U.N. International Day of Older Persons

September 29, 2016
Edwin Walker, Deputy Assistant Secretary for Aging

On Saturday, we will join communities around the world in observing the International Day of Older Persons. October 1 was designated by the United Nations in 1990 to recognize the vital contributions of older people to the global community and to encourage member nations to thoughtfully address the aging of the population. At the Administration for Community Living, we are working to ensure that this includes the supports and services necessary for older people to live and contribute in their communities.

This year, the United Nations has designated the 2016 International Day of Older Persons theme as, “take a stand against ageism” in order to draw attention to and challenge negative stereotypes and misconceptions about older persons and aging. Ageism is the systemic stereotyping of and discrimination against people because they are considered old.

The international community has officially recognized the harmful consequences of ageism as a matter of human rights. In 2014, governments around the world adopted a resolution (E/RES/2014/7) at the United Nations Economic and Social Council that recognized ageism as “the common source of, the justification for and the driving force behind age discrimination.”

In the United States and around the world, too often we see limited and stereotyped depictions of older people and of aging. Many of these messages center on the notion that seniors are burdens to their families, and that aging places economic strains on countries.

While it is true that many older adults experience poor health as they age, it also is true that many enjoy good health far longer than people once could expect. Combined with extended longevity, this means that older people are increasingly found in the workforce, playing key roles in their communities, and providing care and support to family members. Many need some help with the tasks of life as they get older, but in many cases, older adults are providing this help to others in their families and communities. Let’s work together to make sure these stories are told, and that older adults’ contributions do not continue to be overlooked.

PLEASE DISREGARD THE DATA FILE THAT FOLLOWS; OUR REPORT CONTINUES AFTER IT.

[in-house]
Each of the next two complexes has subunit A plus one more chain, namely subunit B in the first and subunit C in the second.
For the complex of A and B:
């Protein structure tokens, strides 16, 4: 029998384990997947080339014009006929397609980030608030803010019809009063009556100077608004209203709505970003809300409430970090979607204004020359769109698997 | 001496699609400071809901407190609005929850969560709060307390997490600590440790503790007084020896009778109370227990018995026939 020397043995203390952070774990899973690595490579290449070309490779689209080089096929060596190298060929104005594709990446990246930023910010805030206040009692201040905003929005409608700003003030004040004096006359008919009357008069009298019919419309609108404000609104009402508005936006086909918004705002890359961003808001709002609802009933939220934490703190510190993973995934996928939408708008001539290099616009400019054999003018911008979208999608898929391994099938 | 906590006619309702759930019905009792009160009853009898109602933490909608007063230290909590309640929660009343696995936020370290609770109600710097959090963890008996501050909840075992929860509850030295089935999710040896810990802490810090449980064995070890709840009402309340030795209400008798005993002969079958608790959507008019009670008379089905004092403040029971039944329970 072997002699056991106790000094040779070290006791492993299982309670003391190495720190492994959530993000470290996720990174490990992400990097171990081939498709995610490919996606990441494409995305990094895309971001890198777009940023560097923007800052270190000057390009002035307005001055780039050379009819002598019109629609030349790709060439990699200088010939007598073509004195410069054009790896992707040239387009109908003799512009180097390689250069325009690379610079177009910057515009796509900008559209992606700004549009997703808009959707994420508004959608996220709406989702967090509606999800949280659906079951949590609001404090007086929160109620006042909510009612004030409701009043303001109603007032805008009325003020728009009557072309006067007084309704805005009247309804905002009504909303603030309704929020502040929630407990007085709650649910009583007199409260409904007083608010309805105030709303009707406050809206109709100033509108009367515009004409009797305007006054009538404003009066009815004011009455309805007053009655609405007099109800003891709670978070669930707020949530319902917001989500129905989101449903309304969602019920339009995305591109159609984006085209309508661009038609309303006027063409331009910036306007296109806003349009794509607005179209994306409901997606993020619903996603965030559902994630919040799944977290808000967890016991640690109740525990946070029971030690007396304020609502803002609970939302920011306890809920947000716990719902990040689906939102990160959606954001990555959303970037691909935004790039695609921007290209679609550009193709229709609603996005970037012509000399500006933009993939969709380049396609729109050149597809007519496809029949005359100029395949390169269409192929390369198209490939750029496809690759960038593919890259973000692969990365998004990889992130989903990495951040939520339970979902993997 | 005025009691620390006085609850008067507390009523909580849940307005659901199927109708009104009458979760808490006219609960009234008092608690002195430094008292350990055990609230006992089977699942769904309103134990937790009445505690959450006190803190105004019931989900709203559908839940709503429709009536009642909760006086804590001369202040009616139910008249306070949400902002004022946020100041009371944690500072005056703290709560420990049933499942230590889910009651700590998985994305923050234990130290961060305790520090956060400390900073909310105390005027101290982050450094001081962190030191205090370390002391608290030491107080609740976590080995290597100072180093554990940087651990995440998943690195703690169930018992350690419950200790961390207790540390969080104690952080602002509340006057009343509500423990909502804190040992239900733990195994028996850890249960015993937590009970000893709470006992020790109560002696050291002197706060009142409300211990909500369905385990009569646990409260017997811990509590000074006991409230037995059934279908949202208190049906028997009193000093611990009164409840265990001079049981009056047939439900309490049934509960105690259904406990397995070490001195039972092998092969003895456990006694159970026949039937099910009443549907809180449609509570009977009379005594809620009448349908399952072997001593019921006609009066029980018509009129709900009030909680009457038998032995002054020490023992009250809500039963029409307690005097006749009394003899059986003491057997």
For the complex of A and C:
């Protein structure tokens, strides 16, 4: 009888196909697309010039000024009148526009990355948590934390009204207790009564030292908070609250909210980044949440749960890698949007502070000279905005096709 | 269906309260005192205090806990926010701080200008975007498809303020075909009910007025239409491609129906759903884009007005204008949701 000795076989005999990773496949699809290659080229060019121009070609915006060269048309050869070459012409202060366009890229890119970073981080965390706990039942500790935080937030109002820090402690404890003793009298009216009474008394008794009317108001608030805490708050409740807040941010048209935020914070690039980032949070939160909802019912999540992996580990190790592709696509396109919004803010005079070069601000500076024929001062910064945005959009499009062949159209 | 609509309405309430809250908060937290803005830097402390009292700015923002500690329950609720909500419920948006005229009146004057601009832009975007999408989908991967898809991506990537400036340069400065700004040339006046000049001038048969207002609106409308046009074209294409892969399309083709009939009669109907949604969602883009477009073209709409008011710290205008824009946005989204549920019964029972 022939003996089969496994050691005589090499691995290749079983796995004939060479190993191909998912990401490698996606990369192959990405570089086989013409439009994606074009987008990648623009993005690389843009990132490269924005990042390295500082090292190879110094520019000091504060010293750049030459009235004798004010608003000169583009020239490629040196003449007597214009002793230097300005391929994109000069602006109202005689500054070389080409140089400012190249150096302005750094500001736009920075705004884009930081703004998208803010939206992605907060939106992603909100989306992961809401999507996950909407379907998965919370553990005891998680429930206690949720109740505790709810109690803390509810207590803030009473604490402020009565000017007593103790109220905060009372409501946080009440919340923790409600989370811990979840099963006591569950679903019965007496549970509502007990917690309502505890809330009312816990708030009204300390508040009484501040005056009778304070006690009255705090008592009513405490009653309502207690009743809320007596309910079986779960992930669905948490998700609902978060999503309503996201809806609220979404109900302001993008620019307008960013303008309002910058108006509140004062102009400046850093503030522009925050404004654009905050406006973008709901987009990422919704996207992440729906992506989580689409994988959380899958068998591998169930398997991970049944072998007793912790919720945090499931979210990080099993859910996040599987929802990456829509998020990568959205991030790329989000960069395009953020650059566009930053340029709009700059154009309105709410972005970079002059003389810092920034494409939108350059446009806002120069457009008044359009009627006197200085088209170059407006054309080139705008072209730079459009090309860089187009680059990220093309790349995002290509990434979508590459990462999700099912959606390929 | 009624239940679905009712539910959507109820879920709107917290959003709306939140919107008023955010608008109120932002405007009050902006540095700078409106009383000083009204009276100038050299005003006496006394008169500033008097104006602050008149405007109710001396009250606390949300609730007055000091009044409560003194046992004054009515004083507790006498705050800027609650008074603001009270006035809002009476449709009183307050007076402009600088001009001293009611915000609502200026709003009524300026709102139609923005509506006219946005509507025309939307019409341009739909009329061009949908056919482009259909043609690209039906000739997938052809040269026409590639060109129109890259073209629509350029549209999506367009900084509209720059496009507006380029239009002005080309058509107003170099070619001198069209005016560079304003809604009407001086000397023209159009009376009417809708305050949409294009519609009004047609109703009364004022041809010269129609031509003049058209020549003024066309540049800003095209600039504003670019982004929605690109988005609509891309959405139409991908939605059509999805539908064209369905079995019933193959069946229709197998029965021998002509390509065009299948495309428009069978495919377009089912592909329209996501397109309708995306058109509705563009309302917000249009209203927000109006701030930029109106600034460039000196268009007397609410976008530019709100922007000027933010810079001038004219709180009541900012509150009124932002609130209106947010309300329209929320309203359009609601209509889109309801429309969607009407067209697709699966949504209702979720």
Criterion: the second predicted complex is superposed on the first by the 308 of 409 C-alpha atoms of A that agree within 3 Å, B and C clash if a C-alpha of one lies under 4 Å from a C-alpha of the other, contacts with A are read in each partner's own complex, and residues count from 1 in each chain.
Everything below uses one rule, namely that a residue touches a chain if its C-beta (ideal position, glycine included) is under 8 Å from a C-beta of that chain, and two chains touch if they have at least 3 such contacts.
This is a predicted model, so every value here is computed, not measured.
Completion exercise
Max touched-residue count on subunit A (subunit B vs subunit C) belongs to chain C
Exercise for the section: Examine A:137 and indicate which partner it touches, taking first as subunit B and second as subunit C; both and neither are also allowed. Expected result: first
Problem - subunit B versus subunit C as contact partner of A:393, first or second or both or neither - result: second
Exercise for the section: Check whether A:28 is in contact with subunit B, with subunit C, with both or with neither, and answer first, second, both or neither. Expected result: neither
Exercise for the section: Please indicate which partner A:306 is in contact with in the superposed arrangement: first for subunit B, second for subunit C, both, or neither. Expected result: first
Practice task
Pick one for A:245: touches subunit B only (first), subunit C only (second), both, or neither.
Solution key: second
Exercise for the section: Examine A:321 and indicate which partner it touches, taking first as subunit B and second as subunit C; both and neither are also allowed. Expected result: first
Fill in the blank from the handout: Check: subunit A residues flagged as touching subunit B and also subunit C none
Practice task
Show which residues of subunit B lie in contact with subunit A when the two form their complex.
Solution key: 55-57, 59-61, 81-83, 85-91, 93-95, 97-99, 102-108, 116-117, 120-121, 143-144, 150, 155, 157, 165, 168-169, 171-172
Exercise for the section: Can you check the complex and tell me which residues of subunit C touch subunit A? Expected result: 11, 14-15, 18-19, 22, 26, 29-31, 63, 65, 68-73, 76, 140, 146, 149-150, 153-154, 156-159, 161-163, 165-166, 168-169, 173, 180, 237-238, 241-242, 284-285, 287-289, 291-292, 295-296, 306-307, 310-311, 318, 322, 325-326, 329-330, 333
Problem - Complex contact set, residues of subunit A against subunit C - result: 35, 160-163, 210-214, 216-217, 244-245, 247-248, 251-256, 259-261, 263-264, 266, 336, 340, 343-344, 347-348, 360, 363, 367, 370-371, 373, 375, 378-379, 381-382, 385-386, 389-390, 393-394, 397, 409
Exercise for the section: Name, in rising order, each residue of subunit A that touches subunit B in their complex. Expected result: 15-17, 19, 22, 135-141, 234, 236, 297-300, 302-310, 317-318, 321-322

It is important to recognize that ageism is not experienced in the same way for all older adults. Gender, ethnicity, disability, care dependency, sexual orientation, gender identity, and HIV status can intersect with age and have a compounding effect on social opportunity, access to services, and quality of life. With this in mind, ACL funds the National Aging Resource Consortium on Racial and Ethnic Minority Seniors, a consortium of national organizations that reflect the diversity of our nation and which represent and interests of diverse elders. ACL also funds the National Resource Center for LGBT Aging, which works to improve the quality of services and supports provided to LGBT older adults.

We also work collaboratively with colleagues in other U.S. government agencies and with international partners to challenge ageist approaches and messages, and to ensure the interests of older adults are represented in the development of domestic and global policies.

All of ACL’s programs and initiatives center on supporting older adults and people with disabilities to live the way they want to live, in the places they choose. From our programs that help meet the individual needs of older adults, to our work strengthening the system of resident reporting in long-term care facilities, to our efforts to drive innovation in Adult Protective Service systems, championing the rights of older people is the common thread.

ACL also applauds the eight national aging organizations that are engaging the Frameworks Institute to work collaboratively to address ageism and public perceptions of older adults. As the This collaboration is resulting in robust resources related to overcoming ageism and understanding who older adults are, as well as what issues affect them, how they contribute to our society, and how society can best integrate their needs and contributions.

In the U.S., 10,000 adults turn 65 every day. Globally, the number of people aged 60 and above is expected to reach 1.4 billion in 2030 and 2 billion in 2050. We cannot let ageism get in the way of this unprecedented opportunity to benefit from the experience and capabilities of so many people. On this year’s International Day of Older Persons, and every day going forward, let’s make a committed effort to tell a different story of aging — one that sees older adults as valued contributors — and work to ensure that every person has the opportunity fully participate in their communities, throughout their lives.

Last modified on 05/07/2020

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